Bronze Age embodied: new series of our research group
Momentum Mobility Research Group focuses directly on Bronze Age people. Like other teams of the Research Centre for the Humanities, granted by the Momentum Programme of the Hungarian Academy of Sciences, we try to explore as much information as possible about men and women and the society of the period under study. E.g. the Momentum “Integrating Families” Research Group reports on stepfamilies and children, orphans and widows living two hundred years ago, based on contemporary records and documents.
Display of domestic violence (illustration from the History of Everyday Life Blog)
It is challenging to investigate four thousand year-old Bronze Age communities from a similar perspective. People who lived between 2500-1500 BC loved each other, lived together, and gave birth to children just as we do. We know that before the age of antibiotics and modern medicine, mortality was much higher and far more children died before they reached adulthood during the 19th century, the Middle Ages, or millennia earlier than today. However, birth or marriage records of Bronze Age inhabitants of present-day Hungary are not available. We do not have any written sources at all, opposite to the Trojan heroes living slightly later, whose history was recorded by Homer. Paintings or sculptures have not survived of them either, like the ones of the Egyptian pharaohs of the same period, such as Cheops, the builder of the Great Pyramid of Giza.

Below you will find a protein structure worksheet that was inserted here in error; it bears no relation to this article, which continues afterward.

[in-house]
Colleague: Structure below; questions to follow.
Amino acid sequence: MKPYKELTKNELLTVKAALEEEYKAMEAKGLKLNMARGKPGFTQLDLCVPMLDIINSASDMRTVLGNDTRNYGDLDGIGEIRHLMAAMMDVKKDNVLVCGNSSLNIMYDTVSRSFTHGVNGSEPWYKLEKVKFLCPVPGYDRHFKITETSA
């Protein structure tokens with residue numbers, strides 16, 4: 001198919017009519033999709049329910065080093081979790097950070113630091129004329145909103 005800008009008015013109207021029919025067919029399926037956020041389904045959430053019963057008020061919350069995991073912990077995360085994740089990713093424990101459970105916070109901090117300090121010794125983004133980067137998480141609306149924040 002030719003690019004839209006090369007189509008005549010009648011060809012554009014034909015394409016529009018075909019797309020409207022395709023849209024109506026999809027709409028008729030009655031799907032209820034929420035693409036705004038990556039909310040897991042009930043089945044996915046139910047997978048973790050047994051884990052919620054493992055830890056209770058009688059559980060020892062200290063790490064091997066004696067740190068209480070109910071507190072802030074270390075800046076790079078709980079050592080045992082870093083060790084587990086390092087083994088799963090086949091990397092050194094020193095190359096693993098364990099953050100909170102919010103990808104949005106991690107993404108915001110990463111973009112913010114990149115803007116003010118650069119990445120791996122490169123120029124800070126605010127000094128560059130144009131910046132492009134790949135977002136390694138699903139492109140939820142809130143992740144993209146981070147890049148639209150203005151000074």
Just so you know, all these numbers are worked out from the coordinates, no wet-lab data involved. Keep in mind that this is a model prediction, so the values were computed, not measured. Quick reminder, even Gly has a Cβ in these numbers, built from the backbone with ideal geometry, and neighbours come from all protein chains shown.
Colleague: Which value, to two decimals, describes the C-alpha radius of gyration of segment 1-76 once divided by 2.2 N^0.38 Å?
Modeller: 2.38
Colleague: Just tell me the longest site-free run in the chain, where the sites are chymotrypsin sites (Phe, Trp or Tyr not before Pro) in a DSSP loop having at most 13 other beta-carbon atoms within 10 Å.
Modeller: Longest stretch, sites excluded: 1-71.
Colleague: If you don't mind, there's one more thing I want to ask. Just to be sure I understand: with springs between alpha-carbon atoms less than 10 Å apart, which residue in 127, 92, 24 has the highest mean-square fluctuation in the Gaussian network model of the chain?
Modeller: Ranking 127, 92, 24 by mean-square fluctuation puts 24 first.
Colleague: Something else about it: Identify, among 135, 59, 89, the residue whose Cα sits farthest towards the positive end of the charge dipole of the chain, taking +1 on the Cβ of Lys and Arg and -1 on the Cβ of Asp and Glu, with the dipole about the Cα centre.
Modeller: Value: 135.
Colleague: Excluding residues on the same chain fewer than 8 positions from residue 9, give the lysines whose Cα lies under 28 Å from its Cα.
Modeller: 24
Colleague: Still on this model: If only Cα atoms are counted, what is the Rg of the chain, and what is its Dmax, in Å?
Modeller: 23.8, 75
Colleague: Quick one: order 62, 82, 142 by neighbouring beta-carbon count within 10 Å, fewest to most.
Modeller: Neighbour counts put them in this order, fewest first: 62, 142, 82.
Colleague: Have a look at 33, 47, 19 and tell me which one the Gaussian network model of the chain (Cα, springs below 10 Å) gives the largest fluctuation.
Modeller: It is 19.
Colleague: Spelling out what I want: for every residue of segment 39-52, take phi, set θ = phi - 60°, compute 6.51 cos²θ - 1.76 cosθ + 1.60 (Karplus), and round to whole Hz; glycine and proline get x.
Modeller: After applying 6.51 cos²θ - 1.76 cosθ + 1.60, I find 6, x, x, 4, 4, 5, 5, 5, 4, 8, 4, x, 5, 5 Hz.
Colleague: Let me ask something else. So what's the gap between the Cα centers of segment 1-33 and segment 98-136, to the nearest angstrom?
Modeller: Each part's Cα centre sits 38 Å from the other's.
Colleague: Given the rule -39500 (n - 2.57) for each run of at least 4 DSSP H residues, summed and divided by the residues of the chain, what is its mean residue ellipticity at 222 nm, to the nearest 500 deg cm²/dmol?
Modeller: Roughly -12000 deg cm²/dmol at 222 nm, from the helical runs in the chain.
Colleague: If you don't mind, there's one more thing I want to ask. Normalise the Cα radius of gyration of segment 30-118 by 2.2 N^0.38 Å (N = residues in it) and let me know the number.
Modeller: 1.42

Statue of Pharaoh Cheops (c. 2589-2566 BC)
Human remains, fortunately, provide a huge source of information for archeology, and with the help of new bioarchaeological analytical methods, we can learn more and more from bones and teeth about the living conditions and nutrition of the period under study. For example, a pelvic bone can be used to determine if the female individual, lived many hundreds or thousands of years earlier, has given birth during her lifetime (Rebay-Salisbury et al. 2018). Effects on different parts of the body, like repetitive activities (e.g. horse riding) also leave traces on the bones at the muscle origins. Based on this, the lifestyle of men and women, or the issue of labor division can be examined (Eshed et al. 2004; Porčić, M., Stevanović 2009).
Major activities of men and women in Natufian and Neolithic Levant (Eshed et al. 2004)
It can be concluded, based on the Bronze Age skeletons examined so far, that women performed a variety of different work activites using both hands, but men have already developed right-handedness, which may be related to the swordmanship that already appeared in the Bronze Age (Macintosh et al. 2014; Davis, Stocker 2016; Hermann et al. 2020).
Swordmanship scene on a sealstone of a ring from the tomb of the Griffin Warrior, Pylos, Greece, dated to 1500-1420 BC (Figure: UC Magazine)
Anthropological studies of the Middle Bronze Age burials in Transdanubia show that child mortality rate was 20-30%, but in several cases it may have been even higher (Hajdu 2010; Mali 2014; Zoffmann 2015; Csányi 2016, 110).
Distribution of the deceased by age in the Middle Bronze Age cremation cemeteries in western Hungary (Zoffmann 2015)